State Department reopens its Clinton emails inquiry

Democratic presidential candidate Hillary Clinton speaks at a campaign rally in Charlotte, N.C., on July 5.
(Chuck Burton / Associated Press)

The State Department is reopening an internal investigation of possible mishandling of classified information by Hillary Clinton and top aides.

Although the former secretary of State’s closest confidants have left the agency, they could still face punishment. The most serious would be loss of security clearances, which could complicate her aides’ hopes of securing top positions on her national security team if she becomes president.

The State Department started its review in January after declaring 22 emails from Clinton’s private server to be “top secret.” The investigation was suspended in April to avoid interfering with the FBI’s inquiry. State Department spokesman John Kirby said the probe is restarting after the Justice Department’s announcement Wednesday that it won’t bring any criminal charges.


Kirby set no deadline for the investigation’s completion.

“We will aim to be as expeditious as possible, but we will not put artificial deadlines on the process,” he said. “Our goal will be to be as transparent as possible about our results, while complying with our various legal obligations.”

Kirby wouldn’t say anything more about the precise information officials are evaluating. But when the probe was launched almost six months ago, officials said it pertained particularly to a set of emails that were upgraded to one of the nation’s highest classification levels. One question they said they were investigating was whether any of the emails were classified at the time of transmission.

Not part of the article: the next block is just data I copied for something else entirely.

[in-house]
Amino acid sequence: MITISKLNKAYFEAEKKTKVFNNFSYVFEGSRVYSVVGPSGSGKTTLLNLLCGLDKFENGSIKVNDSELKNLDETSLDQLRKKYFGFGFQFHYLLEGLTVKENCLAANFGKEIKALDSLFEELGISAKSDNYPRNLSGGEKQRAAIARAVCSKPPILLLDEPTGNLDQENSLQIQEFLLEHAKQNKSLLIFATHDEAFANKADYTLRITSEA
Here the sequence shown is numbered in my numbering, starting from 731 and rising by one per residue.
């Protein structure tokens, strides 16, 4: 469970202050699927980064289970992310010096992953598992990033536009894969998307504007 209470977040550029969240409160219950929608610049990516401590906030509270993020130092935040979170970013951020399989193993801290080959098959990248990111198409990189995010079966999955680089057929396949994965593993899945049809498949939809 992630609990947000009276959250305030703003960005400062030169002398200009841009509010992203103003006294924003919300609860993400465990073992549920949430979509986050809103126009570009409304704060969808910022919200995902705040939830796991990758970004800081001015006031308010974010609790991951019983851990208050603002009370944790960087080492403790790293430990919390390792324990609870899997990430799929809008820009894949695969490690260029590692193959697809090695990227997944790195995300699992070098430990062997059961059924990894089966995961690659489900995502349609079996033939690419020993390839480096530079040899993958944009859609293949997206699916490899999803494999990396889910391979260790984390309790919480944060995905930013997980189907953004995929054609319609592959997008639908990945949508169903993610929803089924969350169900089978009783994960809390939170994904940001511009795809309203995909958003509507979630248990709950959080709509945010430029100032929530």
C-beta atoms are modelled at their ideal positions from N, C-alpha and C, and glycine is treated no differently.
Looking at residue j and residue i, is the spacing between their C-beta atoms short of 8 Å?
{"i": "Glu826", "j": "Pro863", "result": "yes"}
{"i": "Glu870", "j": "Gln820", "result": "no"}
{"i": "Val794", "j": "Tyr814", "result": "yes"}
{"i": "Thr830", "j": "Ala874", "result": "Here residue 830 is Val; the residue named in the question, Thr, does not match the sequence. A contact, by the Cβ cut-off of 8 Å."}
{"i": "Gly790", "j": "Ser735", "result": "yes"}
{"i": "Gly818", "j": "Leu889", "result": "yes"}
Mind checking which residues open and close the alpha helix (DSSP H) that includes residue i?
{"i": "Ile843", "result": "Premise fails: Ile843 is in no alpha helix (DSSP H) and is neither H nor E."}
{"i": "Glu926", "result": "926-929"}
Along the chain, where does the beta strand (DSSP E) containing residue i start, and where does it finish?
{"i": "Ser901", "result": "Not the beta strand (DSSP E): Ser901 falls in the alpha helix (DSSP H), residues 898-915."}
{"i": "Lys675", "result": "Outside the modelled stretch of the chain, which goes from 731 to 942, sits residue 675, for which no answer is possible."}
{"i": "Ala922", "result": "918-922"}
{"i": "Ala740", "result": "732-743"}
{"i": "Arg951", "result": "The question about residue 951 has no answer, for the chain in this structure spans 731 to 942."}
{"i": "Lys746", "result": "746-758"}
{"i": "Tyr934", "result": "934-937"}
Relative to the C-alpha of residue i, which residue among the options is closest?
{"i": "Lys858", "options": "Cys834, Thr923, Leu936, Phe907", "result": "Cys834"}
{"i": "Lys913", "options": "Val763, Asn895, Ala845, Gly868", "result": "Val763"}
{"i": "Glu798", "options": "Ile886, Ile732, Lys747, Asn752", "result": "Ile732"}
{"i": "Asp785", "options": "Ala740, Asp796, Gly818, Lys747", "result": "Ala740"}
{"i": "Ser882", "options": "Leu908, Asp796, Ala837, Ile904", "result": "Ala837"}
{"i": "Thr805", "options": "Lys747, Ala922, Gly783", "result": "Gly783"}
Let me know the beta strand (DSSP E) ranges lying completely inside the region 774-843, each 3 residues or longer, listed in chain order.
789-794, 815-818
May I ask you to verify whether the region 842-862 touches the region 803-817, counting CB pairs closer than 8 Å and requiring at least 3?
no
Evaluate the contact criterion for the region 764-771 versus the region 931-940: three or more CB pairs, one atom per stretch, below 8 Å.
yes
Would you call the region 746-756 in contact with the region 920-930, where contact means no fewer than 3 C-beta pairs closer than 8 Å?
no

Clinton was secretary of State until early 2013. Most of her top advisors left shortly thereafter.

But Kirby said this week that former officials could still face punishment.

Beyond the Democratic front-runner, the probe will most likely examine confidants Cheryl Mills, Jake Sullivan and Huma Abedin,who wrote many of the emails to their boss on which the various investigations have focused. Mills, Clinton’s chief of staff at the State Department, has been viewed as a possibility for the same job in the White House. There is speculation that Sullivan, Clinton’s former policy chief, could be national security advisor.

“There could be repercussions,” Kirby told reporters Wednesday, saying infractions identified would be kept on file. If someone’s security clearance is taken away, he said, it would have an effect “assuming that individual still needed the clearance to work in another federal agency or something like that.”

The State Department said it won’t identify former officials who still hold security clearances. But in an email Fox News made public earlier this year, the department described Mills as still holding a valid clearance.

Meanwhile, FBI Director James Comey on Thursday vigorously defended his decision not to file criminal charges over Hillary Clinton’s use of a private email server, at times lecturing incredulous Republican lawmakers in a House hearing on the fine line between being careless and committing a crime.


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7:04 p.m.: This article was updated with comments from State Department spokesman John Kirby and more background information about the probe.

This article was originally posted at 4:12 p.m.